Lowdown: An entertaining special effects laden flop.
Watching Peter Jackson’s King Kong made me think of this theory I have recently read about, attempting to explain why more men than women achieve the highest echelons of the academic world. The theory’s starting point is that men are different to women, and I fully concur: even though making such a statement could easily get you tagged as a chauvinist, it is obvious to me that women are way better looking than men. The theory further goes to say that due to evolutionary causes, women have higher intelligence than men on average, but the standard deviation of men’s intelligence is higher. The implication of this higher standard deviation is that while there are many more males that are complete morons, there are also the very few that are stupidly smart and therefore have more of a chance at securing the top spot at Harvard.
This theory doesn’t have much to do with King Kong, but its lesson about standard deviation does. Standard deviation is the factor I would use to explain the most interesting question posed by King Kong, which is this: How can a director fresh on the success of the incredibly good Lord of the Rings trilogy come up with such a flop?
Not that the phenomena is uniquely Peter Jackson related. He is in the good company of plenty other directors that seem to be capable of manufacturing masterpieces countered with duds. Take Ridley Scott, for example: Next to the brilliance of Blade Runner and several others he also directed the average (1492) and the flop (Hannibal). My point is this: If you want the utter brilliant, you should be prepared to take some of the crap that comes along with it. I therefore fully forget Jackson for King Kong, a film that feels more like the indulgence of a digital special effects specialist than a proper coherent work of art.
OK, now that my opinion on King Kong is well established, it is up to me to explain why I consider it a flop. Well, first and foremost, King Kong is a rather tedious affair. At approximately three hours of length, it takes its time introducing the human characters in a recession inflicted New York. It takes us about an hour to get to know Naomi Watts, Jack Black and Adrien Brody, and even then we are not really in a position to say we know them. On its own, that’s fine; Titanic has done the exact same thing. The difference is that Titanic works while Kong flops; everything feels tedious, too contrived, and rather uninvolving.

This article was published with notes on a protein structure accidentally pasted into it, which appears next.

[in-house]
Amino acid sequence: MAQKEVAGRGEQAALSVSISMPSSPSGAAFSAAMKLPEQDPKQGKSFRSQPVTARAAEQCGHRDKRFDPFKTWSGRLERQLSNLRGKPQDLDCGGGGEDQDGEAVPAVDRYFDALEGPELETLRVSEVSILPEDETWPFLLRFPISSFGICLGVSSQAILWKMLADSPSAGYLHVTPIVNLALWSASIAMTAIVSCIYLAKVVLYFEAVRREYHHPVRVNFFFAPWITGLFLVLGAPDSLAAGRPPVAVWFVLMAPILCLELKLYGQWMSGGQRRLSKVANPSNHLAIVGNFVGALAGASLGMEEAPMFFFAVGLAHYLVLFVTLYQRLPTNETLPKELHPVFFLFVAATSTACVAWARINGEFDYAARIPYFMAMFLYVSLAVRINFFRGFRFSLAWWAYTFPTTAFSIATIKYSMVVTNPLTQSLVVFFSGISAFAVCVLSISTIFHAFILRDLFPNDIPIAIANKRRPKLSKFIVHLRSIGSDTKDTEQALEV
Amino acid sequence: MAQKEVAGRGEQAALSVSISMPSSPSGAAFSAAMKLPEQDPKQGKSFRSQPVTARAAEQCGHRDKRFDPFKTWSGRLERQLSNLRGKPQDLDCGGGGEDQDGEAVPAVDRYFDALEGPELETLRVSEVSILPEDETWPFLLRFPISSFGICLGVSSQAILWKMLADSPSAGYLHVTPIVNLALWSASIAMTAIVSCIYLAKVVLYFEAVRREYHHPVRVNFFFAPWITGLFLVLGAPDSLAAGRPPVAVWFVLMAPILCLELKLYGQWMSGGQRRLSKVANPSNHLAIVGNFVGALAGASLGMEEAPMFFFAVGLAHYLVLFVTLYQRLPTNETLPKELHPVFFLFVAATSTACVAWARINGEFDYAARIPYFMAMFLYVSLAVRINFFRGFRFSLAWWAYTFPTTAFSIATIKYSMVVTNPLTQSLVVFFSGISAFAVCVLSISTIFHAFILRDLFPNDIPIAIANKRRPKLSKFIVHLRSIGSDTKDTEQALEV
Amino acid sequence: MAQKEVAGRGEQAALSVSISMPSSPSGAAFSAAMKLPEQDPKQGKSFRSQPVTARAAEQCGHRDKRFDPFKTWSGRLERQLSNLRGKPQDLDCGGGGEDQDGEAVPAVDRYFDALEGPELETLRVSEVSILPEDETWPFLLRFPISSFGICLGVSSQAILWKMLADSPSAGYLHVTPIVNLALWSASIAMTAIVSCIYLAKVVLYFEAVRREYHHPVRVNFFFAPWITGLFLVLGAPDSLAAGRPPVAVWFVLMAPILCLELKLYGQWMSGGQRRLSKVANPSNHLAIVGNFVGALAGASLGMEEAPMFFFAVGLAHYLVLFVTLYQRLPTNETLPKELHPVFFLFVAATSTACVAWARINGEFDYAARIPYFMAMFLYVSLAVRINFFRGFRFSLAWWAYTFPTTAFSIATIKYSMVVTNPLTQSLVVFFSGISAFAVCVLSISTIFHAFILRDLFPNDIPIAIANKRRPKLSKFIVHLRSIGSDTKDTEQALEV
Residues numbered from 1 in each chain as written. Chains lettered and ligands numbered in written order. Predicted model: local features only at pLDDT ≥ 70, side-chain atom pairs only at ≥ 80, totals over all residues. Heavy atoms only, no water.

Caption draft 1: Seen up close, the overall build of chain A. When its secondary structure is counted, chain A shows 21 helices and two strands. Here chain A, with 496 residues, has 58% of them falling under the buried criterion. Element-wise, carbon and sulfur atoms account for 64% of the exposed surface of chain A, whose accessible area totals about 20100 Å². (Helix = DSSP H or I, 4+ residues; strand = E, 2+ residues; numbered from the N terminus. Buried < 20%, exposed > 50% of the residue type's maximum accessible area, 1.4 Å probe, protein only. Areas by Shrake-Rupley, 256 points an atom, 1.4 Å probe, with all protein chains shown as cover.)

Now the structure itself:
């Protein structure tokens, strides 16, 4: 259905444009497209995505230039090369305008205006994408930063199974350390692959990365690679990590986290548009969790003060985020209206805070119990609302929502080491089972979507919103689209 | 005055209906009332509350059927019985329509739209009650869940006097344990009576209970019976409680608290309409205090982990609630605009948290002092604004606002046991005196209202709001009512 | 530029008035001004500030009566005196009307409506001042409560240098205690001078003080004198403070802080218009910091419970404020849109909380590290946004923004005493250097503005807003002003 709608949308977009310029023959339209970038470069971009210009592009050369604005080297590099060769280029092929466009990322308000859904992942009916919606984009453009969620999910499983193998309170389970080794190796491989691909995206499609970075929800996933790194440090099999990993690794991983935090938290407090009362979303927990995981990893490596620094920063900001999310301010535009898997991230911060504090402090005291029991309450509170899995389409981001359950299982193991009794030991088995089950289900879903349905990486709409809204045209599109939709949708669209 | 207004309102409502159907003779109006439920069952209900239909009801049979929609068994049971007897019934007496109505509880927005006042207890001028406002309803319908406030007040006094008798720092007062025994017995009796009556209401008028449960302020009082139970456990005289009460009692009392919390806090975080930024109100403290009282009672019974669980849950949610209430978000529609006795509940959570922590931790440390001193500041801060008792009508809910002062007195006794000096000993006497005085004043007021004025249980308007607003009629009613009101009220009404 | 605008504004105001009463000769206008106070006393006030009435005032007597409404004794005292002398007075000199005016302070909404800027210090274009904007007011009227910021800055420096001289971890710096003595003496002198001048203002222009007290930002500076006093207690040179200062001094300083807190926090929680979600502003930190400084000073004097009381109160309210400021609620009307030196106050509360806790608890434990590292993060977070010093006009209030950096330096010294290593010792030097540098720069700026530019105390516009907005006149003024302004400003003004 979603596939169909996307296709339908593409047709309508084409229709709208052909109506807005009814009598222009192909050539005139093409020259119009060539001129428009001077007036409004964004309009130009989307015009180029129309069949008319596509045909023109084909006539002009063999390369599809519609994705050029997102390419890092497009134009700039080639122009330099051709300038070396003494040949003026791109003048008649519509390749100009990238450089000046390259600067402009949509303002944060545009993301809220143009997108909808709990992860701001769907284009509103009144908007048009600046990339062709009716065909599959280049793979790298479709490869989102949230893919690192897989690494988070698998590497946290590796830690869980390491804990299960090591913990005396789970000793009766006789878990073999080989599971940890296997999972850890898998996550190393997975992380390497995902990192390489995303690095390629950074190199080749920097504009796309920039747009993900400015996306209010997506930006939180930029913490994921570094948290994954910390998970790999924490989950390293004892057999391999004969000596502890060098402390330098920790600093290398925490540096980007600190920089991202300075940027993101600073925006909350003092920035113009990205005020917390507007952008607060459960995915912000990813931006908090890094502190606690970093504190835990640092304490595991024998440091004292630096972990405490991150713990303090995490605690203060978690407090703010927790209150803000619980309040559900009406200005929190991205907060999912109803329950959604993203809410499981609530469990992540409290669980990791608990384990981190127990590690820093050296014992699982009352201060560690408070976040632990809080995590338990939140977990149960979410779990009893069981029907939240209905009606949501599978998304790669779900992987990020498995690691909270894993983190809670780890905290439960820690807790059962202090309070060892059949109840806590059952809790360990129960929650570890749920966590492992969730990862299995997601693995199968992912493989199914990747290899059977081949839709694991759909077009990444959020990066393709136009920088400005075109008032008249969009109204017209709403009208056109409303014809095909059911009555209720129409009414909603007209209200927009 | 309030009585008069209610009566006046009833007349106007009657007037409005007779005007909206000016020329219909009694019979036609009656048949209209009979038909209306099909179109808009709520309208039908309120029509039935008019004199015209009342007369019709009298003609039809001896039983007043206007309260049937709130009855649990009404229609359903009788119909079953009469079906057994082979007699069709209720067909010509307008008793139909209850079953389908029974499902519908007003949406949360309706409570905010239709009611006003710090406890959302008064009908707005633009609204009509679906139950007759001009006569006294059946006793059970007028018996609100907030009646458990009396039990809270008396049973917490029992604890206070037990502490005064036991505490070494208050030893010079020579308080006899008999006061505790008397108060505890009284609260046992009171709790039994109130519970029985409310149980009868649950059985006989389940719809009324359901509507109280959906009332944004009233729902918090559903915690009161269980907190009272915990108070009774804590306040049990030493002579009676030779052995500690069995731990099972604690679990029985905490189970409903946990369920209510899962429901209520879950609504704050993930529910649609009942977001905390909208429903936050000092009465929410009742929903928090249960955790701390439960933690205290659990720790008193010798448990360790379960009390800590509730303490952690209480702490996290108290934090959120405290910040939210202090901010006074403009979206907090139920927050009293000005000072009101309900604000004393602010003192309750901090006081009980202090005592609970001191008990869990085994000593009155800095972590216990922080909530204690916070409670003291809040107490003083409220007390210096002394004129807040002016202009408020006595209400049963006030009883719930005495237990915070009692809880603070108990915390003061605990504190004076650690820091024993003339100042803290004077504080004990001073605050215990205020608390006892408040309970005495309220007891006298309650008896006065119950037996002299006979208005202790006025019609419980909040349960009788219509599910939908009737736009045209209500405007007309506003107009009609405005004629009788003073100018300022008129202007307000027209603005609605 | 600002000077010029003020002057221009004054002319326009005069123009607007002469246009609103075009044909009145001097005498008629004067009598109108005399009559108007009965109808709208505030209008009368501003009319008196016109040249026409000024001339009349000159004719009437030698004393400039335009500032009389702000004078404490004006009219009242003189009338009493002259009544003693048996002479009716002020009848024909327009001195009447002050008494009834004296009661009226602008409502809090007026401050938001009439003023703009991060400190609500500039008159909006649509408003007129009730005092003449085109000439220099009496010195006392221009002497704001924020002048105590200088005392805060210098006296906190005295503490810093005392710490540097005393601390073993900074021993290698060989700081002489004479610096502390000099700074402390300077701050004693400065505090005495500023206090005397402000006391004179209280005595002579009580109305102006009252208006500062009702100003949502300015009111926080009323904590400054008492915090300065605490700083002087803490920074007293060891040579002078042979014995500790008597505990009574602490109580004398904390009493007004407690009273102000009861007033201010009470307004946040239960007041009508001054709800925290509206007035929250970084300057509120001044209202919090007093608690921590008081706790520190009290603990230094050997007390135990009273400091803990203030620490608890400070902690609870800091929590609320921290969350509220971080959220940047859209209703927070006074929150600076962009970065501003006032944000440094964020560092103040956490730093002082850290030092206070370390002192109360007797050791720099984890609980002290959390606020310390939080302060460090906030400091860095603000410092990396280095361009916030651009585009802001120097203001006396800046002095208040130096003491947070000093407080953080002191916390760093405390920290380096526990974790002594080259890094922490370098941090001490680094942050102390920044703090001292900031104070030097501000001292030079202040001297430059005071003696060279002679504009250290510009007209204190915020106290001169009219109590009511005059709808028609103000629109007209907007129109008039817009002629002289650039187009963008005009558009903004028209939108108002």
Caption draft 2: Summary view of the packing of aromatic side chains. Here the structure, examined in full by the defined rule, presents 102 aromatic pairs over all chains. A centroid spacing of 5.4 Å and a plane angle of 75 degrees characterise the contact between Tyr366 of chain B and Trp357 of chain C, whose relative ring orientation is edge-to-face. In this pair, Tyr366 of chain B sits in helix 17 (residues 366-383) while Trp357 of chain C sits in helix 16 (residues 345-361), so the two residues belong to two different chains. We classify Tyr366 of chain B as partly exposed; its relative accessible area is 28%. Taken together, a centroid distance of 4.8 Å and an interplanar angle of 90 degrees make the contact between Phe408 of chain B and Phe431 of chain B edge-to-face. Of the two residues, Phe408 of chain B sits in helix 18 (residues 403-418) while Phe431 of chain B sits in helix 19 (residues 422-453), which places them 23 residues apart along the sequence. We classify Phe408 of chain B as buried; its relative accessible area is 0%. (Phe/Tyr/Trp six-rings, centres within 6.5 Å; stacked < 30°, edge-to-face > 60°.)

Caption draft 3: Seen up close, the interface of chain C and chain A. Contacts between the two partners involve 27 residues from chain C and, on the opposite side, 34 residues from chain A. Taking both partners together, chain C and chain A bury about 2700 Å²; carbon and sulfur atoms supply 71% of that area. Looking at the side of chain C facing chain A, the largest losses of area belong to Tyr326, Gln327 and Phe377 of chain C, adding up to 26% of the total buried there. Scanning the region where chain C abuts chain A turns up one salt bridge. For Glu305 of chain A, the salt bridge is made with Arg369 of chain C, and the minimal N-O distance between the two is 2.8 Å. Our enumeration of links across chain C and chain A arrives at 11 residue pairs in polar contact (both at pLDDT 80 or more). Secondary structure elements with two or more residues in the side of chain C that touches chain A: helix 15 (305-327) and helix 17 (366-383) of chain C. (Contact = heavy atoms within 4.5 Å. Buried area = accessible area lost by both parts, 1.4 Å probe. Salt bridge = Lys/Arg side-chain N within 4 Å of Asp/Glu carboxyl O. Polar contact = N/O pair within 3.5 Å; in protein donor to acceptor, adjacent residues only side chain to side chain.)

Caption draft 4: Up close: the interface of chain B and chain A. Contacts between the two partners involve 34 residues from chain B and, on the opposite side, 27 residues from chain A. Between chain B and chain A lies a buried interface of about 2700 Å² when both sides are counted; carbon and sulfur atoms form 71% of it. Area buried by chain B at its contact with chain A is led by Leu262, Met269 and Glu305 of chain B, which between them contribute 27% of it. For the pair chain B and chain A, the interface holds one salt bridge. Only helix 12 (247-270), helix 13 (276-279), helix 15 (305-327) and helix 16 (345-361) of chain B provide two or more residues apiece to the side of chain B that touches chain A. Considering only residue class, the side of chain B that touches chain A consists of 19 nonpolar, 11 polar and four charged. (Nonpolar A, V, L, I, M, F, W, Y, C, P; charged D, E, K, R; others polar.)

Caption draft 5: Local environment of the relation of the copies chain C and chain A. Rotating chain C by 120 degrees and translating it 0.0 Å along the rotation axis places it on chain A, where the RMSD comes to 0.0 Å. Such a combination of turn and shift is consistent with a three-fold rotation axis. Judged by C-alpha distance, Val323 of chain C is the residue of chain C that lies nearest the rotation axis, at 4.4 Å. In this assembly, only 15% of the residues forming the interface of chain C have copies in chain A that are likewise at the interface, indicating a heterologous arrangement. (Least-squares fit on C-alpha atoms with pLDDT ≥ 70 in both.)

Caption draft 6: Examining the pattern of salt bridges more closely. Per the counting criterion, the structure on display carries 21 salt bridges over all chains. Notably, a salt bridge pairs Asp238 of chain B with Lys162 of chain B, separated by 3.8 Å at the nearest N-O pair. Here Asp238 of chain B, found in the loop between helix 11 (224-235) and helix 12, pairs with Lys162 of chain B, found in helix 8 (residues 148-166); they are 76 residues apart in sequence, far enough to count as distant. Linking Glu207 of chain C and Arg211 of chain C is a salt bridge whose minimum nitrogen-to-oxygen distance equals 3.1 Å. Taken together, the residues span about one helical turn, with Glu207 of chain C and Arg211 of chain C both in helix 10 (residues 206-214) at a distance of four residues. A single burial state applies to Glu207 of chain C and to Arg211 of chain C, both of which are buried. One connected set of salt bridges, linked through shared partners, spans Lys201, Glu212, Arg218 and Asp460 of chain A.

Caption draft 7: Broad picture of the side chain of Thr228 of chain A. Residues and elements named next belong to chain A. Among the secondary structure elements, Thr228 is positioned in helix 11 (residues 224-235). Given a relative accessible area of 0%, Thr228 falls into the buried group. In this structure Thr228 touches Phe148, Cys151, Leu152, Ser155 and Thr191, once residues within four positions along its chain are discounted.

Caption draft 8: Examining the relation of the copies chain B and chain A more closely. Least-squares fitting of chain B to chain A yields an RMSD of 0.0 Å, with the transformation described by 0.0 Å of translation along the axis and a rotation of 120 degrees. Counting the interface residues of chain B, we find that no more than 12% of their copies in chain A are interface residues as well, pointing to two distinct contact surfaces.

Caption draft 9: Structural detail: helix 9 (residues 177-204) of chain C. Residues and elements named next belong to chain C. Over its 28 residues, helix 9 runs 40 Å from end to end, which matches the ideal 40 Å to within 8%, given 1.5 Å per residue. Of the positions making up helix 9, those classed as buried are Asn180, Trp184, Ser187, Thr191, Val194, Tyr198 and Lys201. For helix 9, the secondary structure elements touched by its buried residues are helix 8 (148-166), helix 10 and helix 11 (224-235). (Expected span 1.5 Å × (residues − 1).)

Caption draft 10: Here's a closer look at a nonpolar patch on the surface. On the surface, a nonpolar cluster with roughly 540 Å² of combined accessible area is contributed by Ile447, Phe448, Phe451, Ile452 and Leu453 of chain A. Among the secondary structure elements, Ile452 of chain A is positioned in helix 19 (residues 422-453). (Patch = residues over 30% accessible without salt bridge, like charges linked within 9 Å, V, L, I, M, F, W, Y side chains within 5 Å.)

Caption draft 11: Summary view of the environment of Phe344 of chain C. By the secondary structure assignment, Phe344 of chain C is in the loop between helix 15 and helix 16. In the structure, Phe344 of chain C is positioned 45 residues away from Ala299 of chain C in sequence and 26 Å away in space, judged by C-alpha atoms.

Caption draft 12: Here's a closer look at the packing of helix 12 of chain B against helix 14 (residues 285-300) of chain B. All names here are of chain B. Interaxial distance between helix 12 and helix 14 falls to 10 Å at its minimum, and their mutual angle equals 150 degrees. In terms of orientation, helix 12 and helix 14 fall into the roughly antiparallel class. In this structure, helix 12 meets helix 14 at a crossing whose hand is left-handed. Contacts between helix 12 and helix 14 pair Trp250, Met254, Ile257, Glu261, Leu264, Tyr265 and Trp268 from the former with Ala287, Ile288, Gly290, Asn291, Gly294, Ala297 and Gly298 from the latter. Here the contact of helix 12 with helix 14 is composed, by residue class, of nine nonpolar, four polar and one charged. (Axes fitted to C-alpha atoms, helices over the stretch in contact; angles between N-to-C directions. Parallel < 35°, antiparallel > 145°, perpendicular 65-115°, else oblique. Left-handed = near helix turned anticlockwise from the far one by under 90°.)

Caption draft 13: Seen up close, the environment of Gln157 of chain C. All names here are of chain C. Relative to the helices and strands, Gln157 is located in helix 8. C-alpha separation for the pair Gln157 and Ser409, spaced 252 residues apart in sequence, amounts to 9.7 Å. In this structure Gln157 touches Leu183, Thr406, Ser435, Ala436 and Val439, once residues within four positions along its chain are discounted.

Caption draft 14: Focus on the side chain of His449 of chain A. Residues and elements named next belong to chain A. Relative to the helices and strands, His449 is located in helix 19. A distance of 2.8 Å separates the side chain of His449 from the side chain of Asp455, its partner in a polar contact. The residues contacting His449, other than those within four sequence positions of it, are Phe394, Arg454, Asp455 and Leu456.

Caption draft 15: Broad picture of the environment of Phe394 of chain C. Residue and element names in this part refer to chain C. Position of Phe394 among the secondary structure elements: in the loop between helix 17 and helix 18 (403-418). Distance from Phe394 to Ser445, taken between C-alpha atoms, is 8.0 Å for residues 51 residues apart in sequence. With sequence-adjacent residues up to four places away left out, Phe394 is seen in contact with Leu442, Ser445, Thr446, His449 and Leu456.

Then comes the second act in which our characters stumble upon the island on which Kong lives. Only half way through the film do we first catch a proper glimpse of the title hero himself, and shortly afterwards we learn that he is the king of an island stuck with a Jurassic like environment. Don’t ask me how a human can share a habitat with a T-Rex and survive, but the main point of this middle part of the film has nothing to do with logic and all to do with unleashing a tremendous concentration of special effects upon the viewer in what seems to be yet another Jurassic Park sequel. One scary monster encounter follows another as the plot staggers along; sure, it’s entertaining and you won’t feel bored, but it’s also meaningless. Amongst the superb special effects are a few that are an insult to the eye; I’m pretty sick of films’ over reliance on CGI.
Then we get to the third act which involves the captured Kong running amok through the streets of New York and the famous climax at the top of the Empire State Building. Slight reliability issues aside (how can Brody get all the way to the top of the tower without waiting hours in the queue or without handing over a small fortune to the greedy building?), that is probably the best made part of the film. It still leaves too many questions unanswered, though.
Chief of those questions is Jack Black: Just what did Jackson see in this guy when he cast him to a lead on such an expensive flick? Black is one of those cases where I can confidently say even I might do a better job. His arid performance in The Holiday was already mentioned, but Kong eclipses it by far. On the other hand, Watts, who as I have repeatedly stated is a very talented actor and one of the best female leads around, seems to have had an obvious hard time acting against the blankness of the blue screen. The attempt to act through facial expressions, as would be required when addressing a “dumb” animal (I’m not talking about Black now) simply fails to cut the mustard.
Best scene: Kong and Watts go ice skating on a frozen Central Park lake. More originality along these lines is exactly the type of ingredient King Kong is missing so badly.
Picture quality: Very good, technically speaking. However, Jackson has a tendency to wash different scenes with certain specific colors, thus rendering a very unnatural look to many of them. For example, New York looks too yellow – people and faces included, while the angry sea looks navy blue. It’s just that I think it’s too much for the film’s own good; again, it feels like the case of a child who had been given with too many toys for their own good.
Sound quality: We had to watch this one at a low volume, but it felt like it had the potential to be truly awesome had we watched it properly.
Overall: You might ask why I bothered watching Kong on DVD after watching it at the cinemas before. The answer is simple: Walking around town, I saw enough King Kong Blu-ray demonstrations to make me think about giving it another go.
Kong deserves it: it is entertaining. It is, however, not even half as good as Lord of the Rings. I’ll be very generous and hand it 3 out of 5 stars.